Spelt Flour Chapati Recipe


In fitting with today’s delightfully autumnal weather, I decided to cook a hearty vegetarian curry with butternut squash. As is the case for most dishes, Indian curries taste best if eaten with freshly baked breads. I’ve made this spelt flour chapati recipe many times since visiting India in 2007 and it didn’t let me down today. These homemade spelt chapatis are no hassle at all – you’ll be done in just over an hour.

Spelt flour chapatis
Spelt flour chapatis

When visiting Malaysia recently, I picked up a tava (a round flat or slightly concave iron griddle) used in Indian cooking to make flatbreads. I haven’t got the traditional Atta flour handy, so I’m opting for a mix of wholemeal and white spelt flour instead.

Chapatis are…

  • Unleavened flatbreads (i.e. made from a dough containing no yeast or leavening agents)
  • An integral part of the Indian cuisine (also eaten in Pakistan and other parts of South Asia)
  • Traditionally made with Atta flour (stone ground wholemeal flour which has been sifted to remove the coarsest bran), salt and water. You can use a mixture of wholemeal and white flour if you don’t have Atta flour to hand.
  • Cooked on a tava (you can also use a flat bottom non-stick frying pan)

Spelt chapati recipe

Ingredients for 6 chapatis

  • 100g finely ground wholemeal spelt flour
  • 100g white spelt flour plus extra for dusting
  • 125g water
  • 1/2 teaspoon of salt
  • 1 tablespoon of rapeseed oil plus extra for brushing

How to make the spelt flour chapatis

Before you follow the instructions, here is a video for a quick introduction of the process:

  1. Place the spelt flours, water and salt in a large bowl.
  2. Form a soft dough with your hands. Note that firmer dough is easier to handle but makes harder chapatis. If required, just add a little more water until you get the right consistency.
  3. Add a tablespoon of oil and transfer to a clean surface.
  4. Knead for about 10 minutes.
  5. Shape the dough into a ball, place in a bowl and cover.
  6. Allow to rest for about 30 minutes.
  7. Divide into 6 equal pieces.
  8. Shape the dough into balls by rolling the pieces between your palms.
  9. Place them on a lightly dusted surface.
  10. Roll out the dough balls (one by one) into a thin round on a lightly floured surface.
  11. Heat up a frying pan over a medium heat and place the chapatis (one at a time) straight on the hot surface.
  12. Keep it there for about 30 seconds until blisters appear and it becomes slightly darker in colour.
  13. Turn and cook the other side in the same way. The steam trapped in the middle will cause the chapati to puff up. Use a clean kitchen towel to gently push down as air pockets form.
  14. Once done, lightly brush the chapati with rapeseed oil (traditionally ghee is used) and cover with a clean dish towel until ready to serve.
Spelt chapatis
Spelt chapatis

Enjoy with dhal or your favourite curry – no cutlery needed!

Wholemeal, Wholewheat, Wholegrain Flour… Confused?


Depending on the recipe you use, where you live and where you shop, flour can be named differently.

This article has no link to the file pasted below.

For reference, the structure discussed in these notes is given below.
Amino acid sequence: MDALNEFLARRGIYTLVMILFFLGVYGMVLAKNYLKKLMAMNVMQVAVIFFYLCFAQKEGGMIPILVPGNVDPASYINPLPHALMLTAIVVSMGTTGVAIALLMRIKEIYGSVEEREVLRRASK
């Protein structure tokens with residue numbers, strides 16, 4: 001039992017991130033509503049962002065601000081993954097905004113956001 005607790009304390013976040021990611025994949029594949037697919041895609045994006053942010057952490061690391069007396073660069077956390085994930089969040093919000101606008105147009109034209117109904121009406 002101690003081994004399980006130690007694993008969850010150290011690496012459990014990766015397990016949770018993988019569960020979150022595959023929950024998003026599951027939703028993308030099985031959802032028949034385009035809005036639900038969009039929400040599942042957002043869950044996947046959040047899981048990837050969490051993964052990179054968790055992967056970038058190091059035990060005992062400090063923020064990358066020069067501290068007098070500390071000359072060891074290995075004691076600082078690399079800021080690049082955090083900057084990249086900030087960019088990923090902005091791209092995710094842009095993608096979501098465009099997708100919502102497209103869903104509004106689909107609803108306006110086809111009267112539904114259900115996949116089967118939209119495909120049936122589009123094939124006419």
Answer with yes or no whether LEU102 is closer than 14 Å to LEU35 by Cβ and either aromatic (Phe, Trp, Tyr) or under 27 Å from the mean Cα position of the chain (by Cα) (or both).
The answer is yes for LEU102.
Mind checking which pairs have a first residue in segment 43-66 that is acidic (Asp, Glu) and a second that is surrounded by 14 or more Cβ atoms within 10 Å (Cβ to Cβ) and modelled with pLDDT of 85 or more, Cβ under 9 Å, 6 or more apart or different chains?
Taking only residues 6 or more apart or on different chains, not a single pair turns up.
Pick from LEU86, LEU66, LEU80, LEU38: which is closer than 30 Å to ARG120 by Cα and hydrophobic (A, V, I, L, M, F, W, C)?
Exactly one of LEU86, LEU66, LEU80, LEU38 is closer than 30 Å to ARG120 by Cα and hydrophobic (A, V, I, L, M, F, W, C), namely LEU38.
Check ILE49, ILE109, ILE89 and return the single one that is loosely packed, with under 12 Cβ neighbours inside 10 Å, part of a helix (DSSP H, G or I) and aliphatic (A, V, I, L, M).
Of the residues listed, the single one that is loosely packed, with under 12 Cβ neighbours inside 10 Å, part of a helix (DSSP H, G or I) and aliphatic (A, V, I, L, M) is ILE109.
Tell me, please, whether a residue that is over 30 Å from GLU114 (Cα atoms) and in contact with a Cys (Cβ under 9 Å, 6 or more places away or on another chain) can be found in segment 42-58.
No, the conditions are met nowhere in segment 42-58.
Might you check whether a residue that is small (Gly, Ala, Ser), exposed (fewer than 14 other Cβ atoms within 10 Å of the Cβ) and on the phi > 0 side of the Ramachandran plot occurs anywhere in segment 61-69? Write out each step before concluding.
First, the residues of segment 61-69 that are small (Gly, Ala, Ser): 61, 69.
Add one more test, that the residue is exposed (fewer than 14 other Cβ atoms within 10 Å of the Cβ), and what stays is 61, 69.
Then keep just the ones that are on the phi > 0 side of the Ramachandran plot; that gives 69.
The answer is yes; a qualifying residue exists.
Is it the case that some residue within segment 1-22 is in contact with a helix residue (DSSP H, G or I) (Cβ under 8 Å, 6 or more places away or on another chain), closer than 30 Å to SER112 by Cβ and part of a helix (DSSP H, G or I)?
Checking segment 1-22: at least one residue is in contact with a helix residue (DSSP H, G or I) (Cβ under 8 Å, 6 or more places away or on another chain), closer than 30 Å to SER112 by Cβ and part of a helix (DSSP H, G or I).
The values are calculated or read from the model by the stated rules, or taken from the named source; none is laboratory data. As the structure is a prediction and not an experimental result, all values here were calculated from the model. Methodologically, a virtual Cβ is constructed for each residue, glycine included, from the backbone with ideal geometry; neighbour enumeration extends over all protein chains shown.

In general, wholemeal, wholewheat and wholegrain flour all refer to unrefined flours i.e. flours which are made of the whole grain (including bran, germ and endosperm). Note that wholewheat refers to flour made from wheat, while the terms wholemeal and wholegrain can also refer to other varieties of grain e.g. rye, spelt or buckwheat. Wholewheat could therefore also be described as wholemeal made from 100% wheat.

Refined (white) flours on the other hand only contain the endosperm of the grain (the bran and germ are removed) helping these flours to keep longer. However, by removing bran and germ, the flour also loses valuable nutritional components such as fiber, phytochemicals, vitamins and minerals. Brown flour uses a proportion of the whole grain, but usually not 100%.

There are regulations in place (“The Bread and Flour Regulations 1998” in the UK for example) which specify that four vitamins and minerals must be added to all white and brown flour (not wholemeal) to ensure the population still has an adequate intake of these vitamins and minerals even if they chose not to eat wholemeal. The process is called flour enrichment. The added nutrients are calcium, iron, thiamine and niacin which occur naturally in wholemeal but are lost in white, and to a certain extent brown flour. One key difference remains: refined flours are missing the dietary fibre of wholemeal.

The term wholemeal is more commonly used in the UK, while wholewheat and wholegrain are terms more frequently used in the US.

There are exceptions to this rule of course. I frequently buy Gilchesters Organics wholewheat flour (produced in Northumberland in the UK).

Gilchesters Organics Stoneground Organic 100% Whole Wheat Flour
100% Whole Wheat – Gilchesters Organics Flour

To make things more complicated (in the US in particular), you might come across white wholewheat flour. White wholewheat is made using whole white wheat grains while regular wholewheat is made from red wheat grains. White wheat is a type of wheat which has no major genes for bran color. White wholewheat is a lighter flour with a finer texture and milder flavour compared to regular wholewheat. Nutritionally, the two types of wheat are very similar.

Note that due to the different climate/agronomy, the wheat varieties grown in the UK differ to the wheat types in the US.